Amber (Glendale AZ)
The premise of this book interested me, but I found it insurmountable in its delivery. I patiently waded through pages and pages - then reread them in the hope that basic elements (such as the plot) would become clear. No such luck. I’m sure there is a set of readers out there for which this book would be an exciting challenge that would yield something beautiful. But there was way too much investment asked for my taste. I couldn’t even follow basic elements of the plot. The coherent threads were too disparate and disjointed.
Sylvia (Scottsdale AZ)
Interesting and challenging
The Quiet Girl by Peter Hoeg was hypnotic and mysterious. The beginning is confusing with seemingly unconnected strings of plot and characters and for some readers that may be a deterrent, but if you stick with it, the end will be rewarding. Kasper Krone, the main character is fascinating, unusual, and sympathetic. I would recommend this to readers who have no trouble suspending disbelief , enjoy a bit of the fantastic, and have patience for not understanding everything from the beginning. I found it compelling and interesting.
Kathryn (Oceanside CA)
A Tough Read
Peter Hoeg's much anticipated fifth novel, The Quiet Girl, was an introduction for me to the author. Unlike many books translated into English, this one seemed to lose clarity in the transition. Although the plot was intriguing, the writers rather quirky writing style and the lack of standard English grammar was distracting to me. It was a tough read to finish. Hoeg fans may celebrate The Quiet Girl. I'm ready to move on to a new author.
Norma (Secaucus NJ)
Peter Hoeg's The Quiet Girl
This is the story of Kasper Krone a circus clown from Denmark. The book is set in the present time and centers around Krone's special gift. He is able to "hear peoples' music" and know what they are thinking and feeling. The plot has many twists and turns and I found the story difficult to follow. It follows the kidnapping of several children and Kasper's attempts to rescue them. There are some very touching scenes but I found that the book did not have a smooth flow.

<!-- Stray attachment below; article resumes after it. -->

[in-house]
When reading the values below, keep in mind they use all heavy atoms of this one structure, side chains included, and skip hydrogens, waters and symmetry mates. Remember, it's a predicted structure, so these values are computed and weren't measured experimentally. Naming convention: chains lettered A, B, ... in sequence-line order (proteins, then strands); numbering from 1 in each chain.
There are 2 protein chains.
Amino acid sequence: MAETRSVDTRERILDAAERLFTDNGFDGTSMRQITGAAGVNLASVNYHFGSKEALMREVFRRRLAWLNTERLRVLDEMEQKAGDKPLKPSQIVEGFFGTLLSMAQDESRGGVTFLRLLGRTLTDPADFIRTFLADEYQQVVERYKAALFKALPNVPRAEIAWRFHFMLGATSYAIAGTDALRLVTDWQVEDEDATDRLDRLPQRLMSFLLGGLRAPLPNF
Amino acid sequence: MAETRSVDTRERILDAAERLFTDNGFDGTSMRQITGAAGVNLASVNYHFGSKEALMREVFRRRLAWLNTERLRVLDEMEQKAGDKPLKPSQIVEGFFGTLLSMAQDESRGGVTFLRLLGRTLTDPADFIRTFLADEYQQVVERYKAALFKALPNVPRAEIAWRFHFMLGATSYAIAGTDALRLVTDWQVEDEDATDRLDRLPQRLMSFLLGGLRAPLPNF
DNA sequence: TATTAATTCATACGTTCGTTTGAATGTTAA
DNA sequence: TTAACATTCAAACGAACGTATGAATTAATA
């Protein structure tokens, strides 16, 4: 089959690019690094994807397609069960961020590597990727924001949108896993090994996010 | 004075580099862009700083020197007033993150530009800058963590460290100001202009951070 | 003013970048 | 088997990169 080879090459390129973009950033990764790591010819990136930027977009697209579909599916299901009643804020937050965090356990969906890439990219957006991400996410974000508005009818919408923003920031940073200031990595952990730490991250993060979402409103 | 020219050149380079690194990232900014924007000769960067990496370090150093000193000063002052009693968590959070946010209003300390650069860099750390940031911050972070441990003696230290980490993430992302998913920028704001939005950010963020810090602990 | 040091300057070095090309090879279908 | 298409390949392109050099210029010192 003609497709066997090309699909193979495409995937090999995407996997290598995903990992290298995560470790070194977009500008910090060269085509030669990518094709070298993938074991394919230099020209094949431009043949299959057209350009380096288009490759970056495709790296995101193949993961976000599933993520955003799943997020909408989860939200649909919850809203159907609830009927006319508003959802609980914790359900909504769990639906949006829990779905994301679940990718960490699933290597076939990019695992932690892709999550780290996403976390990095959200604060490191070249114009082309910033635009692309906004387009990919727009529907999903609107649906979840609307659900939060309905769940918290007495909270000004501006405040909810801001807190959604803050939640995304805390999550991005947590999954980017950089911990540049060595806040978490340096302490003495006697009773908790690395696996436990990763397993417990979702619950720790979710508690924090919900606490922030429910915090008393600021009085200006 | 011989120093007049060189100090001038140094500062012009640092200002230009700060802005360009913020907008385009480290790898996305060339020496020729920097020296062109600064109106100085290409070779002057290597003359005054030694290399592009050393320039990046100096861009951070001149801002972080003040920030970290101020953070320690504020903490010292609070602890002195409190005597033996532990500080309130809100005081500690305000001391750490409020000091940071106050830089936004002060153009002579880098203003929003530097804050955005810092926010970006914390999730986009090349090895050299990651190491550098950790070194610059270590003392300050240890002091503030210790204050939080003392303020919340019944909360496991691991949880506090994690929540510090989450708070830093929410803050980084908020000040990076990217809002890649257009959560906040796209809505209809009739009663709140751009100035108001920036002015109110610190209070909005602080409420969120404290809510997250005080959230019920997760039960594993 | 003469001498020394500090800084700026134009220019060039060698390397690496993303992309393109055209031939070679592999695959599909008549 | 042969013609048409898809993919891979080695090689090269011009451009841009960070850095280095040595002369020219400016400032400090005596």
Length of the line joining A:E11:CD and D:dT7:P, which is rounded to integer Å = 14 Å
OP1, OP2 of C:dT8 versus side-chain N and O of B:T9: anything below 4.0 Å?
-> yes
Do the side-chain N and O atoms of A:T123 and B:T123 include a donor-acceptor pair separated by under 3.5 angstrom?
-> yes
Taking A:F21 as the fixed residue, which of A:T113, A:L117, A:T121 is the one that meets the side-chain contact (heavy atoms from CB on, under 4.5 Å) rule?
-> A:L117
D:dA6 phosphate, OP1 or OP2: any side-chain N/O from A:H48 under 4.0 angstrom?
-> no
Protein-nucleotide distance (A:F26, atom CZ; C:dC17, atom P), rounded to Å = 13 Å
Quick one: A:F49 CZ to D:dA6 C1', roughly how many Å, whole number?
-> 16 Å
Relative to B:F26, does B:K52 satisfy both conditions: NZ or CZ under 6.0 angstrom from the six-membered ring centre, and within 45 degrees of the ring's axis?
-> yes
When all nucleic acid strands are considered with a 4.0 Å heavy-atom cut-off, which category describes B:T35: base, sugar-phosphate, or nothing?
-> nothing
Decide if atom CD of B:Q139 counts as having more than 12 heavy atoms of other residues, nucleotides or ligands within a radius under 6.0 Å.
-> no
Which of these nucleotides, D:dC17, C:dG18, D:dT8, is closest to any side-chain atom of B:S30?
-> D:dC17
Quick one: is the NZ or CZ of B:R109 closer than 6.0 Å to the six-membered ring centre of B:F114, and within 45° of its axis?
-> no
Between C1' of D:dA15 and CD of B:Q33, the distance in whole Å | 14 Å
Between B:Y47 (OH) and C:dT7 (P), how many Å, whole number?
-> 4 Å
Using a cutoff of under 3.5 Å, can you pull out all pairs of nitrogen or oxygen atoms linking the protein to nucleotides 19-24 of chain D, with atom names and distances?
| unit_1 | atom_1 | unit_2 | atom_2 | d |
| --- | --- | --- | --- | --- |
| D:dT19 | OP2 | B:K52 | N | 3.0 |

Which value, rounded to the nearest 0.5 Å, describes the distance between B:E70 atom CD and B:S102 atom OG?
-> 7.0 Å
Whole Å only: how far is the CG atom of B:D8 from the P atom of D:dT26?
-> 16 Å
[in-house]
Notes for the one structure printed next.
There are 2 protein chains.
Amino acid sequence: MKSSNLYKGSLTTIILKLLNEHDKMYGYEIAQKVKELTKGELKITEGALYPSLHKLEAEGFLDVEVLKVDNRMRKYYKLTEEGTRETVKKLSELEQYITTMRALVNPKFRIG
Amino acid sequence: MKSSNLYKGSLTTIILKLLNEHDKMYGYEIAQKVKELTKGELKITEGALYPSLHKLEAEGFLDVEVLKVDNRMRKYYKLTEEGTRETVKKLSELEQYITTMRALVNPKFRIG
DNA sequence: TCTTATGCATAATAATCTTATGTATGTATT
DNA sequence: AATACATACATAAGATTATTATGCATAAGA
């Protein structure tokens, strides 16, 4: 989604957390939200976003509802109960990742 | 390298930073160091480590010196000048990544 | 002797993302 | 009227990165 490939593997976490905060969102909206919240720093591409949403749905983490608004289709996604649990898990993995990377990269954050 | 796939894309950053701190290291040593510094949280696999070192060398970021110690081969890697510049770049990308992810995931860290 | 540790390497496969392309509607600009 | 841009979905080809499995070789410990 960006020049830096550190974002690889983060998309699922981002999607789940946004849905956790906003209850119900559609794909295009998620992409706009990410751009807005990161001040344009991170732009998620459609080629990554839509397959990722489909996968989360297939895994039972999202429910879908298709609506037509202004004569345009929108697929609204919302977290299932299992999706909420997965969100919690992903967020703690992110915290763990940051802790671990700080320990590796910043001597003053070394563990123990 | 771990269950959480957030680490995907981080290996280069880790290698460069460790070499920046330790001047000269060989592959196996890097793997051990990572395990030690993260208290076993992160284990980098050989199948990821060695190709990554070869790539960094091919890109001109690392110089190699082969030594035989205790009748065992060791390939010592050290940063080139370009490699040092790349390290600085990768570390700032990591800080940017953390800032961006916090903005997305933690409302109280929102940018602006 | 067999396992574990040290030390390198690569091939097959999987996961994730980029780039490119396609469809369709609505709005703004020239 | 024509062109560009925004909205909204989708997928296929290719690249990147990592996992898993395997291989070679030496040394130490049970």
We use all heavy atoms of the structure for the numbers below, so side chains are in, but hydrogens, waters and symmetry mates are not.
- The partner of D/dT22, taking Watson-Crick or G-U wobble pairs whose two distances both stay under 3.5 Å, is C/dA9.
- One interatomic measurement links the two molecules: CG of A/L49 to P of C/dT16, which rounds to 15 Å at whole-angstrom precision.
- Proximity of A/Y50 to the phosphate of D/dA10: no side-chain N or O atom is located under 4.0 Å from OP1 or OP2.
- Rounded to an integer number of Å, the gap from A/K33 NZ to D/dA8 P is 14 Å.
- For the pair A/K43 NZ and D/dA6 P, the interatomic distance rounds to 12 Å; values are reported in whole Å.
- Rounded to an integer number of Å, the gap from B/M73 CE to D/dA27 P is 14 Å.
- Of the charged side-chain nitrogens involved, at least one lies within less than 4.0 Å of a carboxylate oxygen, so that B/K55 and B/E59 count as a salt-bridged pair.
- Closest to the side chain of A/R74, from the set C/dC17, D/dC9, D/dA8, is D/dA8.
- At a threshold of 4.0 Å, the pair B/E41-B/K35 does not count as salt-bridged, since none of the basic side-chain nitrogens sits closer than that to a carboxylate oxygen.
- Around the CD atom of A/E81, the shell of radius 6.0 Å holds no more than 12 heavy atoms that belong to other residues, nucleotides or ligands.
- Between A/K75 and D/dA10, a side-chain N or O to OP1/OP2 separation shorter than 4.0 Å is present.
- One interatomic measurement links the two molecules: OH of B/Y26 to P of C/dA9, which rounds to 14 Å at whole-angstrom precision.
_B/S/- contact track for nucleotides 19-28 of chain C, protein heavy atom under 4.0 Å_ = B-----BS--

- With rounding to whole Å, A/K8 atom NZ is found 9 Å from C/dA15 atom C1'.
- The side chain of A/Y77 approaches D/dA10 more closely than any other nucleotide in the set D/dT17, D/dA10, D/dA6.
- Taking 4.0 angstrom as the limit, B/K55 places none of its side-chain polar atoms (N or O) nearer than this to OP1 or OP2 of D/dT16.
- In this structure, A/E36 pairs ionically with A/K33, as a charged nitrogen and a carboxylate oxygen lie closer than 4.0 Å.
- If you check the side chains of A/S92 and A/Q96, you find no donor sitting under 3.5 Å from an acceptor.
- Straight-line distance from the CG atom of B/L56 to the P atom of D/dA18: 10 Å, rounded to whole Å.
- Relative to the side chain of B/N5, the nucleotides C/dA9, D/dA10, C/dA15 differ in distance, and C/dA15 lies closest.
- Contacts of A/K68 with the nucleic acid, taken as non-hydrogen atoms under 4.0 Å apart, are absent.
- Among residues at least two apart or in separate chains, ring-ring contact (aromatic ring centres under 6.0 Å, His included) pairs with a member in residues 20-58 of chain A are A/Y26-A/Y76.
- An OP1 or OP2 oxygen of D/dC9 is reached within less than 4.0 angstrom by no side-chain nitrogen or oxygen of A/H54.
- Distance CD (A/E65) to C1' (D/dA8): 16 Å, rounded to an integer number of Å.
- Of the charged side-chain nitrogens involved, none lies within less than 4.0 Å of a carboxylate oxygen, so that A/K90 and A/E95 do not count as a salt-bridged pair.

Marta (Santa Ana CA)
A Mental Challenge
I usually review books for young adults so sitting down with Peter Hoeg's book was very challenging for me. It takes a lot of focus and mental prowess to read but it was worth it at the end. This is mainly a thriller and the main character is a clown and a brilliant musician who is fixated on the music of Bach. It is set in a very innocent world and explores love and what is real. If you would like a challenging read I recommend this book.
Judy (Marysville OH)
Not up to Smilla
I loved Smilla’s Sense of Snow and so started reading The Quiet Girl with great anticipation. I gave it 125 pages and had to stop reading. The story so disjointed and the characters so enigmatic and opaque that I lost all interest. The writing itself is bad (writer or translator?). I hope the editor of this American edition fixes the hundreds of sentence fragments. They don’t work. In most cases, just taking out a few periods and putting the fragments together make perfectly good sentences. This is all too bad. The book has potential. I saw hints of the kind of writing that made Smilla’s Sense of Snow so compelling. For example, this sentence resonated: “When for a moment we let ourselves feel deep, sudden joy or sudden sorrow, reality begins to disintegrate.” Some wonderful insights. Terrible book. (My own sentence fragments!)
Heather (Brooklyn NY)
Ambitious, but unsatisfying
Ahh, this was a baffling and disappointing novel. Reading it reminded me of James Joyce's Ulysses (and I loath James Joyce). The main character, Kasper Krone, debt-ridden Danish celebrity clown, is clever, physically adept, and blessed (or cursed) with extraordinary hearing. But he is not endearing, and with his fits of violence, particularly toward the woman he allegedly loves, is not even particularly likable. The mysterious children are shadowed figures and mostly unnamed, save for the oddly self-possessed KlaraMaria. Classical music, especially works by Bach, are endlessly referenced in the novel, and I had the sense that Hoeg wrote the novel -- or composed it -- the same way a composer would write a score of music. It does have a lyrical sense to it. But if I had to describe the novel in three words, I'd say: Ambitious, but unsatisfying.